Syndicated columnist Mark Shields and New York Times columnist David Brooks join Judy Woodruff to discuss the week in politics, including President Trump’s vaccine rhetoric, the administration’s political manipulation of science, Joe Biden’s campaign message for working-class voters and Trump’s approach to U.S. history education.
In this week’s episode of “Cocktails with a Curator,” Deputy Director and Peter Jay Sharp Chief Curator Xavier F. Salomon enjoys a Great Maiden’s Blush cocktail while discussing a 1795 portrait of Elizabeth Sophia Baillie (née de Vismes) by Sir William Beechey. A work of mysterious origin—and thought for a century to be by the English portraitist John Hoppner—it was only recently attributed to Beechey by Eloise Owens during her time as a curatorial assistant at the Frick.
To view this painting in detail, please visit our website: https://collections.frick.org/objects…SHOW LESS
For his home on Crete, Greece’s largest island, George Kalykakis wanted something unique. He got a sculptural structure, nicknamed the “Tear of God,” designed to keep the harsh sun in check through a series of cuts. Kalykakis gives us a tour.
Filmed and Edited by: Ryan Shirley
Top 10 Capital Cities in Europe including London, Moscow and Paris.
Visitors who take the cable car from the Pass to an altitude of 2950 metres, or via path 627, reach a natural terrace with a 360 degree view over the most beautiful summits in the Dolomites: Conca d’Ampezzo, Pale di San Martino, Marmolada and Sassolungo up to the Ortles Group, Cevedale and the Swiss and Austrian Alps.
This spectacular terrace, which gives the Pass its other name of ‘Terrazza delle Dolomiti’, is also home to the Rifugio Maria, which also offers a panoramic terrace.
The Freezing Cold Air Creates ‘Diamond Dust’ ❄️ Epic Yellowstone | Smithsonian Channel
Vernazza Italy is one of the 5 centuries-old villages that make up the Cinque Terre on Northwest Italy’s rugged Ligurian coast. Vernazza Italy has colorful houses surrounded by Vernazza’s small marina. Vernazza’s Doria Castle, Clinging to the rocks, Doria Castle is a medieval defensive structure with a cylindrical tower. The Belforte bastion is just below it. Top views in the Vernazza, Cinque Terre Italy in 4K includes aerial of Vernazza in Cinque Terre Italy. Vernazza, Liguria, Italy. View of the marina: in the tilt footage we see the boats moored and the main square of the village where the colorful houses overlook. Vernazza, Liguria, Italy. View on the main street of the seaside village: the houses with colored facades line the street, people walking, tilt movement.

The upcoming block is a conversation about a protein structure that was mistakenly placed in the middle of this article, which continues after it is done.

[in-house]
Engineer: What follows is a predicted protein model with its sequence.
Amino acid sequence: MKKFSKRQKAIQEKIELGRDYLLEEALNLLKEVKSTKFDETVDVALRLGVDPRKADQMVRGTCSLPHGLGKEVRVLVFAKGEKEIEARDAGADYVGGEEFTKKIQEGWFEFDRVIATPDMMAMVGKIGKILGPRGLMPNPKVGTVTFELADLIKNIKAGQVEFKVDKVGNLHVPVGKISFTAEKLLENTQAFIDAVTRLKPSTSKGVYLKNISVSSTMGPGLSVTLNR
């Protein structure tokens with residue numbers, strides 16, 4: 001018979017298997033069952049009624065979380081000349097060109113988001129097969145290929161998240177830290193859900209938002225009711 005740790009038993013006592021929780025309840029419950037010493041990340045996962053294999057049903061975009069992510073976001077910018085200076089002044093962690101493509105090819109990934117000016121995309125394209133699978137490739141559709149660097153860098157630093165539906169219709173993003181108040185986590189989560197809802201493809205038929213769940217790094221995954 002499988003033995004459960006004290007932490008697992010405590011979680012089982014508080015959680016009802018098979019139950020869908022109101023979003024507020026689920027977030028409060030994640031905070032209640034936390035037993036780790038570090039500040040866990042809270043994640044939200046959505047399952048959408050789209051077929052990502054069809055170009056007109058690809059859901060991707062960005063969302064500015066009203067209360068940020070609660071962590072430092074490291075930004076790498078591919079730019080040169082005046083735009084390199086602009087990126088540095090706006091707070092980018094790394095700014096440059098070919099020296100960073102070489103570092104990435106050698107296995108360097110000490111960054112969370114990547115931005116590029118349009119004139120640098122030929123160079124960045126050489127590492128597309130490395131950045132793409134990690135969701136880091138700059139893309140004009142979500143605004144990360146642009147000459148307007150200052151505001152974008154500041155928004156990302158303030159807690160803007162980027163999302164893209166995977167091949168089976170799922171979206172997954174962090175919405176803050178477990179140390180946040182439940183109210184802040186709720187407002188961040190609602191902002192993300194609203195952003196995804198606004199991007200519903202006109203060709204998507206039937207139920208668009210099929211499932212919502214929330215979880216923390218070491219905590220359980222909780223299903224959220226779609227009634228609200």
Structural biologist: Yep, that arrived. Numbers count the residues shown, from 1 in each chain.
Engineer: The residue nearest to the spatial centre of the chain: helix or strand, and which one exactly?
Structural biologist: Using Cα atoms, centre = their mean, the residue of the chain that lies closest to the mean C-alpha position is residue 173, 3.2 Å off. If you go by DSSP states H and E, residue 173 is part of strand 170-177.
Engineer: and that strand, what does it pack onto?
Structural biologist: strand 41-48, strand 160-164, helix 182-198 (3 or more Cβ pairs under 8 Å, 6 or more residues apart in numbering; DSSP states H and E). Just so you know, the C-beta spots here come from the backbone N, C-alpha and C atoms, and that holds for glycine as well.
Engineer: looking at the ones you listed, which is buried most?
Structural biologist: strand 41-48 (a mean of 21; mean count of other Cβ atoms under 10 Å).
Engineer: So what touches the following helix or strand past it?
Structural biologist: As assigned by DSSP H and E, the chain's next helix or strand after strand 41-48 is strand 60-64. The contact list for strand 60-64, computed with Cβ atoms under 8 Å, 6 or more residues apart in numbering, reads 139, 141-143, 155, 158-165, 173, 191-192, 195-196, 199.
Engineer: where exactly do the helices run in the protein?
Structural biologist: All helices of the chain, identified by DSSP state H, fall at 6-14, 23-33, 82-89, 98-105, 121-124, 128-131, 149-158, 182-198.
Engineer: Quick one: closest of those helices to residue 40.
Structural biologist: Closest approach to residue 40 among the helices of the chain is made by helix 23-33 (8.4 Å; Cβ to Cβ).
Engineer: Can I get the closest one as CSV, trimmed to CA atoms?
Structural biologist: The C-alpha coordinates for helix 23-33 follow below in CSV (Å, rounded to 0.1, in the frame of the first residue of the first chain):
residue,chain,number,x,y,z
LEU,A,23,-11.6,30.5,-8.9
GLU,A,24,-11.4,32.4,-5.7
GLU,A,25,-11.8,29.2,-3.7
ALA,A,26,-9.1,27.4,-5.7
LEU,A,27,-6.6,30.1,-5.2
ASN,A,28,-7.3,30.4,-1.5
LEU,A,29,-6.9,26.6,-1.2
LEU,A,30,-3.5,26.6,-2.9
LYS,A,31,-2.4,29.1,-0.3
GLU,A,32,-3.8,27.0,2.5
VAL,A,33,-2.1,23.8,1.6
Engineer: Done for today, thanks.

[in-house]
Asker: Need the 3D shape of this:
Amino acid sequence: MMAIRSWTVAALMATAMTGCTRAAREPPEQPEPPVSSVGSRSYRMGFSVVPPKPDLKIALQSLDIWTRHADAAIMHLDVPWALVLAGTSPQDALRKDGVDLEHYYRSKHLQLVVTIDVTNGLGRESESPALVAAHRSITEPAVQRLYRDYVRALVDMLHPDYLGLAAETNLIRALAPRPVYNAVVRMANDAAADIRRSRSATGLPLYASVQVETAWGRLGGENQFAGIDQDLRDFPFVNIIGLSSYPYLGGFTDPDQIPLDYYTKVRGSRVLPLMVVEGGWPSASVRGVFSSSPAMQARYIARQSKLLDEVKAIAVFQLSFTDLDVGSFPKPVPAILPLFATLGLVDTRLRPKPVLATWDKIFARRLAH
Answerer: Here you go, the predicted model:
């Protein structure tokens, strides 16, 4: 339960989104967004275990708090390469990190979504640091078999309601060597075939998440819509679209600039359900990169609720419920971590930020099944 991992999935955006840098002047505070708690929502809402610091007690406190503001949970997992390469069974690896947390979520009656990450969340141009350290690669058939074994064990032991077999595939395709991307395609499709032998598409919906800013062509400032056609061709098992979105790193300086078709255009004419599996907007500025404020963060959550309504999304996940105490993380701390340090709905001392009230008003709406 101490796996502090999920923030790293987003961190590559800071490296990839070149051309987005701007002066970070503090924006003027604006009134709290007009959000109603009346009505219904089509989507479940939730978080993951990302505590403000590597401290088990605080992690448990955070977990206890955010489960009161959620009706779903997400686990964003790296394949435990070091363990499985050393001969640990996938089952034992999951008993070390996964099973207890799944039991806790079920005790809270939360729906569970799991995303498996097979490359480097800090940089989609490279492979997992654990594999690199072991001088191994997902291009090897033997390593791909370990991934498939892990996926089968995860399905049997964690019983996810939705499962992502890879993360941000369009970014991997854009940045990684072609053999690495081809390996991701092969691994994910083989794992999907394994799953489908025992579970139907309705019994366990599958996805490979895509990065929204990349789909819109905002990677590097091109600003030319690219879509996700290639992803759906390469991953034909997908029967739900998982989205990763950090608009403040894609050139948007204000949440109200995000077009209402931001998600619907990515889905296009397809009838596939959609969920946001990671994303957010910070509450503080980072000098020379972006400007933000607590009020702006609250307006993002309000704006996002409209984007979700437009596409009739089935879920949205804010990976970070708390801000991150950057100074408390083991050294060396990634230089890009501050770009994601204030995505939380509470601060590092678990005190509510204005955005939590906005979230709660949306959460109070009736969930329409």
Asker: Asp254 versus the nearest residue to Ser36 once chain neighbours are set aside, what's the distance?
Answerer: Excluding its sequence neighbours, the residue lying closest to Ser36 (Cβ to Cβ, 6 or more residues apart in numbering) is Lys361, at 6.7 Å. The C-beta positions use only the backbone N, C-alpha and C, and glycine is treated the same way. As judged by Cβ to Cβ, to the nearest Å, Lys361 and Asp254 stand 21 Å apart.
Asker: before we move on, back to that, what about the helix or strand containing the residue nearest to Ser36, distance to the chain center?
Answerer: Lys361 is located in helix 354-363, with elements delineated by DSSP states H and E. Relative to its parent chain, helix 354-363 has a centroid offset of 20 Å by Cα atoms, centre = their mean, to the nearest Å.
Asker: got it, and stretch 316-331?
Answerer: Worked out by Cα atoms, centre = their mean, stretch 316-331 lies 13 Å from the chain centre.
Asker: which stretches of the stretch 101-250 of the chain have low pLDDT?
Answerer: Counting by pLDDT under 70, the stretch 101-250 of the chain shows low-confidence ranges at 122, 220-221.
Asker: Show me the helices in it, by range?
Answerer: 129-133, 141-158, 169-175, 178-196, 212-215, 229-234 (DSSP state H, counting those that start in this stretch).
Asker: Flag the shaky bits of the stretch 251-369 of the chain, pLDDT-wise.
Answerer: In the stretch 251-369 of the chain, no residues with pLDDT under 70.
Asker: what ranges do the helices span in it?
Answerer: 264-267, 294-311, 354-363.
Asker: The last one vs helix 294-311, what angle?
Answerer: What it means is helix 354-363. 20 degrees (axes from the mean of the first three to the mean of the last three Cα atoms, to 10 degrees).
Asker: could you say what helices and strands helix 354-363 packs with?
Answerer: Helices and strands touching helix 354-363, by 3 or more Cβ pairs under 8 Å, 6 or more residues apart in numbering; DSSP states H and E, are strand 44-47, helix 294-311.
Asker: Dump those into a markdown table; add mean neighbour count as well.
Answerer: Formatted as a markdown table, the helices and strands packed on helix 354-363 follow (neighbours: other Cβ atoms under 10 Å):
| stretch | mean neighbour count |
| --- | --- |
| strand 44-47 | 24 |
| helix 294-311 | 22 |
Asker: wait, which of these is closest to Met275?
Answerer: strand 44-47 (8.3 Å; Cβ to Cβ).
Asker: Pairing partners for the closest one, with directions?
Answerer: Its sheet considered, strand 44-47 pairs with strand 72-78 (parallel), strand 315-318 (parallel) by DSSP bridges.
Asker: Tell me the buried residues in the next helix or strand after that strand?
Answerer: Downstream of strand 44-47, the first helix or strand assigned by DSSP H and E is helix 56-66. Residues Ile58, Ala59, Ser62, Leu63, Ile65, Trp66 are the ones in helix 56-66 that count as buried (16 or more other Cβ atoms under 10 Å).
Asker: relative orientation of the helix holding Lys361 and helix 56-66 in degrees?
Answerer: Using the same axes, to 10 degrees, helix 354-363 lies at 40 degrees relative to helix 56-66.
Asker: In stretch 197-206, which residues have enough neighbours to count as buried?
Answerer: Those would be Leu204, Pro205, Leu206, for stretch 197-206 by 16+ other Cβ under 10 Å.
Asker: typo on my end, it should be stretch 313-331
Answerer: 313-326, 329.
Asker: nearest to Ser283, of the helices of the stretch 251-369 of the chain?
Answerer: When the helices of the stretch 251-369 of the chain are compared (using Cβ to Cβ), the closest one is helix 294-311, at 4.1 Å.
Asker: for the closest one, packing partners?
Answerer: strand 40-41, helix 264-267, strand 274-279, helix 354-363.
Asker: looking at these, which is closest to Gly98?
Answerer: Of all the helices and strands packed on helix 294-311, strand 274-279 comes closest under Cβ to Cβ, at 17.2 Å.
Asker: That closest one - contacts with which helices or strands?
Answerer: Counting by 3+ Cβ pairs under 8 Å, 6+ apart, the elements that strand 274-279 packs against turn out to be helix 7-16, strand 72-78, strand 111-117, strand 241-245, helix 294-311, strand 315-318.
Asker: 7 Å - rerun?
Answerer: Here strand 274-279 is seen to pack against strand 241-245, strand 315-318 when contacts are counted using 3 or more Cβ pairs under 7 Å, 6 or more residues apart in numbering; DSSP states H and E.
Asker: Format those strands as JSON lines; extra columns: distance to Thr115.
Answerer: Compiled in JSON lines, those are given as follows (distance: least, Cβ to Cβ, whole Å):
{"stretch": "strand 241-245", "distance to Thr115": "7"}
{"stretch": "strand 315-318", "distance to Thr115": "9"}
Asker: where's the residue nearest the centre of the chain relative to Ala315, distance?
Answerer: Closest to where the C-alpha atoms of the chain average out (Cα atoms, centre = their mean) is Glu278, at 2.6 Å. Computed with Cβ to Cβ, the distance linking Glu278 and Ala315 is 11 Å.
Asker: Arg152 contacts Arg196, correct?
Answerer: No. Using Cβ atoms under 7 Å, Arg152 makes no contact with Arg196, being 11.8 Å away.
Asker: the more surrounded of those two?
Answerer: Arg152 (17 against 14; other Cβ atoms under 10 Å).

Melanoma may account for a small percentage of skin cancers, yet it causes an estimated 75 to 80 percent of skin cancer deaths. Caught early, it has a 99 percent five-year survival rate, but if it slips patients’ and clinicians’ notice, digs deeper into the skin and spreads beyond the lymph nodes, that rate can drop to 25 percent, according to the National Cancer Institute. The ACS predicts there will be 6,850 deaths in the United States from melanoma this year.
Although more skin pigment provides more protection, melanin itself has a sun protection factor, or SPF, of less than 5, says Fisher, suggesting that it functions physiologically as more than mere sunblock. He and others have clarified how different types of melanin raise or lower melanoma risk, and they’ve shown that any minimal benefit provided by tanning, such as the production of vitamin D, doesn’t outweigh the DNA damage caused by UV exposure.
Skin cancers are far and away the most common cancers in the United States. Basal and squamous cell carcinomas make up the vast majority, with somewhere between 1 million and 5.4 million new instances diagnosed each year. However, because these two malignancies don’t have to be reported to cancer registries, precise numbers aren’t known: The cancer officially ranked as the most common in this country is breast cancer, with 270,000 new cases each year. Melanoma is ranked fifth, with about 100,000 new diagnoses expected in 2020, reports the American Cancer Society (ACS).
Nearly 3.5 million acres of land have burned in California, making this the largest wildfire season recorded in the state’s history – and it’s only September. Fires are still raging up the entire west coast, air quality remains unhealthy, and entire forests have been decimated.
Our relationship with forests and fire is changing and will play a big role in how forests evolve.
- Plus, how colleges are reopening without a surge in infections.
- And, with the start of the Jewish New Year, synagogue High Holy Day services are going virtual.
Guests: Axios’ Bryan Walsh, Alison Snyder, and Erica Pandey and Benjy Renton, senior at Middlebury College.